Authentic and enduring.
Boating on The Lake in Central Park became popular in the 1860s, and naturally launched a need for a storage facility, or a boathouse.
Initially, boats were boarded at various landings just west of Bethesda Terrace, but increased demand in the pastime called for a more permanent solution.
In 1872, Central Park landscape architect Calvert Vaux designed a beautiful, two-story Victorian, wooden boathouse that was all of twelve feet wide and twenty feet long.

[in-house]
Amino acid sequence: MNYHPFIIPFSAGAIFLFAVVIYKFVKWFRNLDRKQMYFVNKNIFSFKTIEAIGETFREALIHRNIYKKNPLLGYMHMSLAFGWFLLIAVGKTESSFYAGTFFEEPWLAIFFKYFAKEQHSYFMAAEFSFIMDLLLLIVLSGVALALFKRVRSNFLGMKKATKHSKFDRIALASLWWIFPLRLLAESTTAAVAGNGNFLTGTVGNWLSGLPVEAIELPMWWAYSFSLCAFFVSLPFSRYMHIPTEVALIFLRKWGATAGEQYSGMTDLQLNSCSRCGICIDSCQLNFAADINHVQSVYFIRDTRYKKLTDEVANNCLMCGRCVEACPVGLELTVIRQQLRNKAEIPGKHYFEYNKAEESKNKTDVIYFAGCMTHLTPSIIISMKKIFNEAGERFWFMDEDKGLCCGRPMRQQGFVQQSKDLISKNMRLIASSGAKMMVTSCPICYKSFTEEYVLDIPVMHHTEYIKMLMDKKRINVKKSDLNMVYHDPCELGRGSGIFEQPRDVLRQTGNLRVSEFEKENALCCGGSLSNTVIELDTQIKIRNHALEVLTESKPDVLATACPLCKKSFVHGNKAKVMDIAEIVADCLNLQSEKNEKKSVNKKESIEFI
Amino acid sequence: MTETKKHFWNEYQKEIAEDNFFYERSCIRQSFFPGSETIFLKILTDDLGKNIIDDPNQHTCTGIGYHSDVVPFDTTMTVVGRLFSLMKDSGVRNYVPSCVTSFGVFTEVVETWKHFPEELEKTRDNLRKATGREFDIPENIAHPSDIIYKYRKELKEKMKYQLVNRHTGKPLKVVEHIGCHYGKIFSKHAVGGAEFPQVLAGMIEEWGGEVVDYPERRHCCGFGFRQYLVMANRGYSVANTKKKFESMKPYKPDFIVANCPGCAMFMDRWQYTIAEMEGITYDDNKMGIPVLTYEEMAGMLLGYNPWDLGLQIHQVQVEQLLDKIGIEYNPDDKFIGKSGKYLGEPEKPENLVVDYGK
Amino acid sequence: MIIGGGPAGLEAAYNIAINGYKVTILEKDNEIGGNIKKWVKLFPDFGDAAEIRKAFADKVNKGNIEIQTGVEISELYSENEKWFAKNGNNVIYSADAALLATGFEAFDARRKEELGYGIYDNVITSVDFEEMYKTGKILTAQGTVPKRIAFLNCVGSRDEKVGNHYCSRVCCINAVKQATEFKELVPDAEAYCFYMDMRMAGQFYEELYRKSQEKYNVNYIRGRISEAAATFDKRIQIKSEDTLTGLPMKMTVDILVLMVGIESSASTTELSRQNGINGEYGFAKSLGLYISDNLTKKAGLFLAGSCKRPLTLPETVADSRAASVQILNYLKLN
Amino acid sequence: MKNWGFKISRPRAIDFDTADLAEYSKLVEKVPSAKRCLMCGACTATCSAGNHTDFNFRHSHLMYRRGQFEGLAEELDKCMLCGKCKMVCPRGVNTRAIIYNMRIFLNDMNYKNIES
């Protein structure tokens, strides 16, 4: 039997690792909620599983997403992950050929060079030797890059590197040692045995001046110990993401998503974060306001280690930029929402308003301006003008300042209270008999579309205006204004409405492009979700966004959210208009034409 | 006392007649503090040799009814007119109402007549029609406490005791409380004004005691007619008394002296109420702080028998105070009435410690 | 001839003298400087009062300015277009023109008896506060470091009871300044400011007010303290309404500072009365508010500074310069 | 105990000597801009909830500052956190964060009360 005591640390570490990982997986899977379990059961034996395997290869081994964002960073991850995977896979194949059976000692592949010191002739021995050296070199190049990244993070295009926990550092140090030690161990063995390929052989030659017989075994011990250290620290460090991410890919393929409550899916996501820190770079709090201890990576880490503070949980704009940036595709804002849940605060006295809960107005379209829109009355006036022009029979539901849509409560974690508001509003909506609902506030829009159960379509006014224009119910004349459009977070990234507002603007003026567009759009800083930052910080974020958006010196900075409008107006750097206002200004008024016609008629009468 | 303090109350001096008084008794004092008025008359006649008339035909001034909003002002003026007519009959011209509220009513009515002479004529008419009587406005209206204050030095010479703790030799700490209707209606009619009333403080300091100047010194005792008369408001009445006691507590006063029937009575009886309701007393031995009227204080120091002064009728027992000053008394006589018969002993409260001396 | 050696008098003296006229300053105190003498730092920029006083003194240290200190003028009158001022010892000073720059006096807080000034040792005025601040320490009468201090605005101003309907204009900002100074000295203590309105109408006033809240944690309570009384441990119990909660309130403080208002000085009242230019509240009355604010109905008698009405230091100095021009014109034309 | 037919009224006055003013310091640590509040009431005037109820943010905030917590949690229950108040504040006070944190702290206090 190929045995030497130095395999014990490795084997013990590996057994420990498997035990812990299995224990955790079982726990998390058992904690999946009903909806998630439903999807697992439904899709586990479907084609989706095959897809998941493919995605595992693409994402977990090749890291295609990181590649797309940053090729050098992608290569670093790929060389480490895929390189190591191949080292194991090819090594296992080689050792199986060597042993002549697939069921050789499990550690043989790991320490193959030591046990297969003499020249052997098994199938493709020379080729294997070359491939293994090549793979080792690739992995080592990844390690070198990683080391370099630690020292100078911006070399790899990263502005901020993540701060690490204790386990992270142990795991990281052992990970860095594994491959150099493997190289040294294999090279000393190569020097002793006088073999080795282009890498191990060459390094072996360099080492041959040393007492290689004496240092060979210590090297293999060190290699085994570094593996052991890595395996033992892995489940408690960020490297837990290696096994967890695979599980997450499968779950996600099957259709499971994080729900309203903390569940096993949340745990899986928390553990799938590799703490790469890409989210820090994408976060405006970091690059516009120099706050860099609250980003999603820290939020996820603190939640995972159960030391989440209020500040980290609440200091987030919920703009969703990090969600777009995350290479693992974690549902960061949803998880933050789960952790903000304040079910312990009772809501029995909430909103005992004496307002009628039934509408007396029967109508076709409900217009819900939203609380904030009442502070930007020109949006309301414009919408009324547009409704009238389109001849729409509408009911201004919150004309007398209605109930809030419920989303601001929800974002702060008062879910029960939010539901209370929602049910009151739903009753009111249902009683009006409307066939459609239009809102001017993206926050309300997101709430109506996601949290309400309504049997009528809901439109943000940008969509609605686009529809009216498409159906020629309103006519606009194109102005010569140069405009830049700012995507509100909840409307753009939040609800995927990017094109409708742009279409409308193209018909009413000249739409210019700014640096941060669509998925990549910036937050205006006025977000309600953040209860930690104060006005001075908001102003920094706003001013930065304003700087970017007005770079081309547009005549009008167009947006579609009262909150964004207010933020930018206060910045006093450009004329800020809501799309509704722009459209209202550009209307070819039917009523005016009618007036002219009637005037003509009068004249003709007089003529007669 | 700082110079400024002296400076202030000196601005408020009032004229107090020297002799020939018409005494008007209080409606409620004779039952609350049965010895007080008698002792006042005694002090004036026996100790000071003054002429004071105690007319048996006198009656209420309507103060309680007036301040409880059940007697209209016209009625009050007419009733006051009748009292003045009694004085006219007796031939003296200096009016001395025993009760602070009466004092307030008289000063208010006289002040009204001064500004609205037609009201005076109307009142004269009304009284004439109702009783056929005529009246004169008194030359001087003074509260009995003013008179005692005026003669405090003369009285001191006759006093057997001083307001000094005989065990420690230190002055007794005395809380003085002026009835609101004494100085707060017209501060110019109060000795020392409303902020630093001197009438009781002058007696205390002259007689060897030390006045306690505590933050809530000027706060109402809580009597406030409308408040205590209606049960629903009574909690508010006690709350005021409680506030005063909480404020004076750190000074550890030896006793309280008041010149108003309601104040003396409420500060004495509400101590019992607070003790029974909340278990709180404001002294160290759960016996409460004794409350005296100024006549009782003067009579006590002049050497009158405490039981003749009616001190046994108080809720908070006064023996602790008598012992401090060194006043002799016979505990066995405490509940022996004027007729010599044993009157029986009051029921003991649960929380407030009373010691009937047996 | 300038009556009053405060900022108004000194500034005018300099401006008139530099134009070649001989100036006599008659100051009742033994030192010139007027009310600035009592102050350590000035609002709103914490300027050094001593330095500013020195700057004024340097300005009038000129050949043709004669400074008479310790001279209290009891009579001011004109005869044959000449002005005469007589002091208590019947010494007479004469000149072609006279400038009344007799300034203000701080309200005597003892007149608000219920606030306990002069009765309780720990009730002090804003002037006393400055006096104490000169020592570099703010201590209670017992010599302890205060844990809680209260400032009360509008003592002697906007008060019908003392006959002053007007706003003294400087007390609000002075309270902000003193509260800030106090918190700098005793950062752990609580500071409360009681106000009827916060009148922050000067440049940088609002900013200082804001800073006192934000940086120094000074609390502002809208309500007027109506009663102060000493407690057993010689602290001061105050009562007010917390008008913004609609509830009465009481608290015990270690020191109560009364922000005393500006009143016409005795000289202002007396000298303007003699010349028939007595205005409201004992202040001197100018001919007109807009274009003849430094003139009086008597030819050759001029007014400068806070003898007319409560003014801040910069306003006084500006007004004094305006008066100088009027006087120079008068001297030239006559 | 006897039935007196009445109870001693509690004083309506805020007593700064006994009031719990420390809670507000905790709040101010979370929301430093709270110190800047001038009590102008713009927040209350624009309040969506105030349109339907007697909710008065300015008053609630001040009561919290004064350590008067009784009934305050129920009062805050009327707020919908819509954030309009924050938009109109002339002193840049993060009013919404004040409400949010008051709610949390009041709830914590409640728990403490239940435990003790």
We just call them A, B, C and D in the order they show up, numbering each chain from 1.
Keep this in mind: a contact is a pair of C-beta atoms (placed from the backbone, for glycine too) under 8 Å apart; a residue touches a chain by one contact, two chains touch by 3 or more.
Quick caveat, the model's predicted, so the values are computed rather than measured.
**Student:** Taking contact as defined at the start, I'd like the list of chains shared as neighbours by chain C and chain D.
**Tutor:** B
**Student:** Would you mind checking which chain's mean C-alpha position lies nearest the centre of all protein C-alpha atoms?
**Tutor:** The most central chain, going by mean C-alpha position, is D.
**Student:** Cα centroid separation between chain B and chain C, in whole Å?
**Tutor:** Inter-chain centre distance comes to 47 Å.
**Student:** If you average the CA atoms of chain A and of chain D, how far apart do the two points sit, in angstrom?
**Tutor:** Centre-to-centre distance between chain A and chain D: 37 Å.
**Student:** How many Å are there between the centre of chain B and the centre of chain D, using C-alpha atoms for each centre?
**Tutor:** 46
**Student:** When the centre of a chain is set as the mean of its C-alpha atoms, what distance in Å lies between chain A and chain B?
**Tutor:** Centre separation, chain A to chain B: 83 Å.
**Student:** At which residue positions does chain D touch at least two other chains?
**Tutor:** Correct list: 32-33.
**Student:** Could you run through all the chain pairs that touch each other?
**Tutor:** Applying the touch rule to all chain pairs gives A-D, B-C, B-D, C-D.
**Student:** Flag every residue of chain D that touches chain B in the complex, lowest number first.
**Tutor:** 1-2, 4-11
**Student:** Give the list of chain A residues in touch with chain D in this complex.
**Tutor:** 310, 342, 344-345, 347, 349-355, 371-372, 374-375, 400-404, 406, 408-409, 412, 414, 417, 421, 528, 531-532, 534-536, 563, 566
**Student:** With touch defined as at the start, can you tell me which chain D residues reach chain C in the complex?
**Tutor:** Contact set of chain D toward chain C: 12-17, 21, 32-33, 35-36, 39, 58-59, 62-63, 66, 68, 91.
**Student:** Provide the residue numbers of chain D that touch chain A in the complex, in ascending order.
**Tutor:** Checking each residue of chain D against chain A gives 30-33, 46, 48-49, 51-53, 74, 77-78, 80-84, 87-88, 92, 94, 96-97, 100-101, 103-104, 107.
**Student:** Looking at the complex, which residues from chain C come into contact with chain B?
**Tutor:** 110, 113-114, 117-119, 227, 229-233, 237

In 1924, Vaux's boathouse was replaced by a rustic, wooden structure that remains somewhat of a mystery. Records and press clippings offer few clues regarding its designer, financing, etc…only to say that it existed and that by the 1950s was in need of repair.
Fortunately, investment banker and philanthropist Carl M. Loeb and his wife Adeline generously donated $305,000 to help create The Loeb Boathouse that stands today. Designed by Chief Park designer Stuart Constable, The Loeb Boathouse officially opened in March of 1954.
Even though it has evolved into a landmark restaurant – it continues to provide boating enthusiasts with rentable rowboats, so they may enjoy one of life's simple pleasures in the heart of New York City.